Could There be Life Inhabiting Jupiter?
By: Sidney R.
When thinking about life outside of our Earth, the possibility is thought to be from infinite to impossible. Theories about alien-life on Mars are spread far and wide, but for years now scientists have been wondering about one of Jupiter’s many moons: Europa. While there are more like it, Europa has qualities for life that make it the interest of NASA and more.
Europa is covered in ice, and though that sounds unappealing for life, what matters more is what’s underneath the frozen exterior. This moon is one of the only locations beside Earth to hold a mass of water, and in this case- an ocean spanning for sixty miles. The ice, six miles thick, hides its possibilities.
For whatever creature existing down below, likely a microbe or “microorganism, there are conditions to its survival. Despite water’s importance to theories, further observation and explanations are required. It’s broken down to this- the microbe will need a source of energy, food, water and survivable living conditions.
Most moons, including Europa, have an important relationship with its “mother planet”, which allows its to be heated by its closer presence to Jupiter. So, in spite of the icy planet, warmth is surprising not the biggest issue.
Scientists offer can more evidence to show how the living conditions may not be as bad as they seem. So far, it seems entirely plausible that Europa has tectonic plates, similar to ours on Earth.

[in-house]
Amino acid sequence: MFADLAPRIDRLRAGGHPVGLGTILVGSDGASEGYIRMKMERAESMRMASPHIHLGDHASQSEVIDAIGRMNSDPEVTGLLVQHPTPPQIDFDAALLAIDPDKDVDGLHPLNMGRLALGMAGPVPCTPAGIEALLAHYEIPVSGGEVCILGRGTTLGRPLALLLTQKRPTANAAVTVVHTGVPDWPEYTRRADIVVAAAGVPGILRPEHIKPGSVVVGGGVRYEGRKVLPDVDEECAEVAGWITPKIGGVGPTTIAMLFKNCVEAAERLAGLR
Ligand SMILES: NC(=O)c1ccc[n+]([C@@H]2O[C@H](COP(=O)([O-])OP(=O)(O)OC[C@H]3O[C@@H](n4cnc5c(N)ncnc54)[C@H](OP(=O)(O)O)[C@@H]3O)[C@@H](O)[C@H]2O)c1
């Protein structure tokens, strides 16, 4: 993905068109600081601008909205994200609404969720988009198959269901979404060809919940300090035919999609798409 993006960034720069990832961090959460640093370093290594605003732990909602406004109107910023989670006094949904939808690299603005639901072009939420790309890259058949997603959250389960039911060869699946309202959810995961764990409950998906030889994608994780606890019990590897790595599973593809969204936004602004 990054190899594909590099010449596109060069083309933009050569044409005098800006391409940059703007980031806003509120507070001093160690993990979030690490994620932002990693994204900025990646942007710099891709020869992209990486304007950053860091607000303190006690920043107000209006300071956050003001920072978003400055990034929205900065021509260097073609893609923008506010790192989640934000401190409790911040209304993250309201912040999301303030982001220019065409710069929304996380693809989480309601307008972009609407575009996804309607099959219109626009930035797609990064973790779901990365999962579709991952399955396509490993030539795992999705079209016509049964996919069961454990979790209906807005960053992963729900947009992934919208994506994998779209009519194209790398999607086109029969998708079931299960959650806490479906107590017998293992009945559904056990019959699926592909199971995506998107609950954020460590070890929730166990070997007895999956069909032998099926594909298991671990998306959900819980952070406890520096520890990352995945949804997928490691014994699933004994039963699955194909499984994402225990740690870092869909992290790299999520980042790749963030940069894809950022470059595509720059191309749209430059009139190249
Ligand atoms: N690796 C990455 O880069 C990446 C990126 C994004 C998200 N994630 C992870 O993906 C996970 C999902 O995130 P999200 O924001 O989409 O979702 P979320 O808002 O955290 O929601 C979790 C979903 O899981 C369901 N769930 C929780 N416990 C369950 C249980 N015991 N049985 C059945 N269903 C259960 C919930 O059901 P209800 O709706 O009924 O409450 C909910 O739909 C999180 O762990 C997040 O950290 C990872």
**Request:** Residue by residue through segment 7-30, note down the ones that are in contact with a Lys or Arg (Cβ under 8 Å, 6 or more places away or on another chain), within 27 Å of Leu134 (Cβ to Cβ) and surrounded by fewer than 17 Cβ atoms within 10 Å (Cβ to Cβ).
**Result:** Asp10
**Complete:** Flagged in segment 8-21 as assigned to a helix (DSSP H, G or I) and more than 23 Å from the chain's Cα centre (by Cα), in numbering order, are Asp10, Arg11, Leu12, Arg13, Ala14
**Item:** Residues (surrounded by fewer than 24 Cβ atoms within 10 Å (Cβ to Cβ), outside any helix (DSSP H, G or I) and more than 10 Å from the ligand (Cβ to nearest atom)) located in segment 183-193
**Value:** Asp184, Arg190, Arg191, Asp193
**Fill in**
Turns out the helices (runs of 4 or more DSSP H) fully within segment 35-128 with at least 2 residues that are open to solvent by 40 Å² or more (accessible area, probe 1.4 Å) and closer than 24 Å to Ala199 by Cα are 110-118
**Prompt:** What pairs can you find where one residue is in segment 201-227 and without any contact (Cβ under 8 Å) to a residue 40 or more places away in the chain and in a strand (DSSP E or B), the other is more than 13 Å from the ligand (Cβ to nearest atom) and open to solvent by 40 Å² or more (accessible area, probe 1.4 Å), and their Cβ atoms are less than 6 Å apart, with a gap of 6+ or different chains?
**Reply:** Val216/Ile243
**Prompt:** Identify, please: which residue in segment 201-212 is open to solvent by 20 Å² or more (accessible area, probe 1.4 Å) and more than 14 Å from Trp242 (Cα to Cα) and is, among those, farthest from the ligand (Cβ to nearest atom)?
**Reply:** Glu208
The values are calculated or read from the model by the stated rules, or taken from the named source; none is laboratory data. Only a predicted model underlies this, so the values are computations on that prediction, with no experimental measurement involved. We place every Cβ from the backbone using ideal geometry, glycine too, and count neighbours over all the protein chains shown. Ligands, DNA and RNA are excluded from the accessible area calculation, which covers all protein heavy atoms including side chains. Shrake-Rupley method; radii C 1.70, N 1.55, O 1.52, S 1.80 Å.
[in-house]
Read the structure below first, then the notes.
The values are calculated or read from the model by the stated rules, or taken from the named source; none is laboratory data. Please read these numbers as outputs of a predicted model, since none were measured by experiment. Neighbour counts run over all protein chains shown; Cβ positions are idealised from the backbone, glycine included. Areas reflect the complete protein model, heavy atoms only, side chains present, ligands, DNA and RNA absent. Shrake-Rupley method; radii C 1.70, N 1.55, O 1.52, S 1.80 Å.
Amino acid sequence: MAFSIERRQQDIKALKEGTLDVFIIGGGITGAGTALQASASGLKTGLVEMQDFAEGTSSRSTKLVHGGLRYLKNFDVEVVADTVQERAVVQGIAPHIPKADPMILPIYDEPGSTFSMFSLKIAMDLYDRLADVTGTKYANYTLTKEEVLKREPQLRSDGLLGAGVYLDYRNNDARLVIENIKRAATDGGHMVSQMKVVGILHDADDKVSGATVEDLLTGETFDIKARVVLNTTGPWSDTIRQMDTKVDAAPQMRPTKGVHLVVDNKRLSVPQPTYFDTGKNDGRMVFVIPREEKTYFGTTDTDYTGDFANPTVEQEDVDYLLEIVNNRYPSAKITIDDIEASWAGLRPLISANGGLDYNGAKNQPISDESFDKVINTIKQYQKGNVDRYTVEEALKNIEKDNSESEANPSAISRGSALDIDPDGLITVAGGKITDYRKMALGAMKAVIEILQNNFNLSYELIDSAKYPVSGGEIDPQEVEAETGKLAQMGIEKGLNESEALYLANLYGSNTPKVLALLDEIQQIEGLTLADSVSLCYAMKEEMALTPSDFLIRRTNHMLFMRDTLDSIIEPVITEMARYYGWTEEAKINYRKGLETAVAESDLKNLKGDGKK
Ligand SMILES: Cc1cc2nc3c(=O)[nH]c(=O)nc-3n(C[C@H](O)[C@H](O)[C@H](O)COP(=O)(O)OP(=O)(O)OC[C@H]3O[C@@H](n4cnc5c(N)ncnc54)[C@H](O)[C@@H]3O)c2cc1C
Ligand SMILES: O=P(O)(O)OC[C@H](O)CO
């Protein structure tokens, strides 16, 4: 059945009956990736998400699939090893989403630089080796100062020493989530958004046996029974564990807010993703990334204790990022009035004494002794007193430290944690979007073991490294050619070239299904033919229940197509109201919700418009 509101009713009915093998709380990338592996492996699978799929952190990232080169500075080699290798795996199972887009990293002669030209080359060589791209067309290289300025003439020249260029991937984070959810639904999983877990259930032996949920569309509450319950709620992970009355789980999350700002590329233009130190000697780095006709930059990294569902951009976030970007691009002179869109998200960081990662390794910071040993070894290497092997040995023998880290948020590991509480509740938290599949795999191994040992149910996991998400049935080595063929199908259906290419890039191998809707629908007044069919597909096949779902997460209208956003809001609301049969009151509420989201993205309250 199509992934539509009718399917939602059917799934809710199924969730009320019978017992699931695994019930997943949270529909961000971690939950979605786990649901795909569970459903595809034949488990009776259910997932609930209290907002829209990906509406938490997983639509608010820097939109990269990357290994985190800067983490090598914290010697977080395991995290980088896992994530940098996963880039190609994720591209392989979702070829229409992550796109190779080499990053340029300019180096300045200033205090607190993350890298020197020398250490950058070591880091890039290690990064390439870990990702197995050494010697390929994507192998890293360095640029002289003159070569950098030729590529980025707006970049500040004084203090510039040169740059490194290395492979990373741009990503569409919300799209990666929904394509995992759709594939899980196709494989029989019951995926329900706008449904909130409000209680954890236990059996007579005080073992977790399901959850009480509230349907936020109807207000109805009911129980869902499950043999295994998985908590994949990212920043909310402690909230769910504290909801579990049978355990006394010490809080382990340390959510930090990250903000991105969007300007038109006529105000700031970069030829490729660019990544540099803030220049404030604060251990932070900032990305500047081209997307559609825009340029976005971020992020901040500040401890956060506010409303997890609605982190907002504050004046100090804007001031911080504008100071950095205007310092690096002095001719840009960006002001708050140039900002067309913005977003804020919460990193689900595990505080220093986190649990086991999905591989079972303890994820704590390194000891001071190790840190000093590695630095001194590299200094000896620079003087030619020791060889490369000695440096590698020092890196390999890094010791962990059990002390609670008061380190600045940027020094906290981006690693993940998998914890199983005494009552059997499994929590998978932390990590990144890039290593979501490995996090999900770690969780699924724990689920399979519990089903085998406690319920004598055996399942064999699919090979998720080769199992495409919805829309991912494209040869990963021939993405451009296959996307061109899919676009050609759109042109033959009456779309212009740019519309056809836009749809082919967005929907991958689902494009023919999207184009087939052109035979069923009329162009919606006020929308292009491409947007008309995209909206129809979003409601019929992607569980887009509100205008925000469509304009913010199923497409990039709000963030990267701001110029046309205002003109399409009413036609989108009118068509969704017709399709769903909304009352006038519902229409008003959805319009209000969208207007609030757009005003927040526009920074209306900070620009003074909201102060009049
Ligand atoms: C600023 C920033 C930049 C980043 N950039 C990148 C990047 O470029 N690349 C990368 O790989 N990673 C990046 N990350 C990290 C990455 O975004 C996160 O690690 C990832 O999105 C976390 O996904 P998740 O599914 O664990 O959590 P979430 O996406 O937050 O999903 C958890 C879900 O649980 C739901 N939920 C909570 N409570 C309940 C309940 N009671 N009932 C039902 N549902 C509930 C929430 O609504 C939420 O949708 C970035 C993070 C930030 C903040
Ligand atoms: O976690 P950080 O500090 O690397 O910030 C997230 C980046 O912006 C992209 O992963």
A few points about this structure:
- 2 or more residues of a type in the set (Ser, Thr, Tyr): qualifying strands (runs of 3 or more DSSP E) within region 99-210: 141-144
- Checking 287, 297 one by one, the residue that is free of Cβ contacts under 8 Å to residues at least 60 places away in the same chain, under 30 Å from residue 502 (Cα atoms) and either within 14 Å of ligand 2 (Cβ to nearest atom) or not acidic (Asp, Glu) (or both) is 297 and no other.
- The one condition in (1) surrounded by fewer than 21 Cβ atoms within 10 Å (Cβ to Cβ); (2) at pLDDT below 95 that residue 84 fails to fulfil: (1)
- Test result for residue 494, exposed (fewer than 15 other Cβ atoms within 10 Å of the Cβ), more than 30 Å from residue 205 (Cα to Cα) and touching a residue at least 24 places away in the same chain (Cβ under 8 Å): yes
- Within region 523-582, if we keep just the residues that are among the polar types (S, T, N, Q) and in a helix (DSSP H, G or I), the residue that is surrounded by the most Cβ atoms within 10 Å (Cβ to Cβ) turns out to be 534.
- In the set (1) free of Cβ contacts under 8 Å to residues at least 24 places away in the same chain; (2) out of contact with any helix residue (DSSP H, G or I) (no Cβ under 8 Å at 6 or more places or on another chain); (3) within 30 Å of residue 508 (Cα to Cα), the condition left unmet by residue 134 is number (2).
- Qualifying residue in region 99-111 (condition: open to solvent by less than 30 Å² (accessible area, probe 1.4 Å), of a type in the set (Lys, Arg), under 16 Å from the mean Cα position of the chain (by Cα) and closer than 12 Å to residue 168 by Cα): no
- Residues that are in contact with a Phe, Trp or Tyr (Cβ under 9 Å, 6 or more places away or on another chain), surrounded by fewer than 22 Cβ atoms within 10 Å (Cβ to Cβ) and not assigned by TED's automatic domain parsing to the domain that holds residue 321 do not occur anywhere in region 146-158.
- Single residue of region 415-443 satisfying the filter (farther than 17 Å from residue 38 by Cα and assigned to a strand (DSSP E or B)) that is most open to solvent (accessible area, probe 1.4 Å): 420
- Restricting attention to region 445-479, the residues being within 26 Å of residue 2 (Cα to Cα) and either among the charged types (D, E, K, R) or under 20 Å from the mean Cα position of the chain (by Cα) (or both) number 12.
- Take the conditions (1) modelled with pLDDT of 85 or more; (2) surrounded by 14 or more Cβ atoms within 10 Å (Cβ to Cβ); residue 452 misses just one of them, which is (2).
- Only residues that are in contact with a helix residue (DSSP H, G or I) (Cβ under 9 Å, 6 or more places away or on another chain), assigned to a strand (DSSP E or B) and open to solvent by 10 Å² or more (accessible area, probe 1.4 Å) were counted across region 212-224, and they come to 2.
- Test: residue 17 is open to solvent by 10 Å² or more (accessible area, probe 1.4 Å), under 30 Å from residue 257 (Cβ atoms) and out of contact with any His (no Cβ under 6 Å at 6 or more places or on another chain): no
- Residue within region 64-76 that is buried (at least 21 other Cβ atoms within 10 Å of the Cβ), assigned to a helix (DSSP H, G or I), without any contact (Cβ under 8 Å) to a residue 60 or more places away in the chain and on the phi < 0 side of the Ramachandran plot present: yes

The potential of tectonics introduces subduction, which occurs when plate tectonics press against Earth’s hot mantle. Since Europa does not experience heat in that form, scientists believe that its amounts of salt would have the same effect. Salt, by being denser than the ice, adds weight to the moon’s plates and should cause the process. The importance of subduction lies in giving us an idea on how a form of life could have an energy source and nutrients.
Explaining the theory behind this creature itself, scientists have turned to an organism already presiding on Earth that presents interesting and comparable ideas: the Desulforudis audaxviator.
This microbe lives in Africa, where it has survived underground through extreme conditions of a lack of oxygen without sunlight, as well as uniquely consuming radioactivity as food. They are a wonder to the bacterial ecosystem already and give an intriguing template for Europa’s possible life.
All in all, the alien bacteria have been theorised to live off nutrients from the moon’s tectonic plates as well as a byproduct of uranium from the moon’s core. Similar to Desulforudis audaxviator, it would be able to live in the dark reaches of Europa’s hidden ocean, without the sunlight most creatures would need.
There are other moons that have similar environments, such as Saturn’s Enceladus, that NASA plans to send exporations to in the future. The future of research on aliens, though maybe less notable then green bobble-headed people, is only a decade away.
“Extinct” animals appear as endangered: 5 of the world’s rarest animals
By Langston J
1. The red crested tree rat (scientifically named the Santamartamys Rufodorsalis) habits the Sierra Nevadas. This is one of the many endangered rodents who have been on the verge of extinction
This mammal is about the size of a Guinea Pig and disappeared for 113 years and has recently been spotted and was never extinct. The latest spotting was in 2005 but before that it was in 1898. The red crested tree rat have an orange and grey colored coat of spiky fur. Not much is know about this animal to date.
2. Nelson’s small eared shrews are also mammals. Just like the tree rat, the shrew also disappeared for the last sighting was 1894 and spotted in 2004. This species was discovered by Edward William Nelson.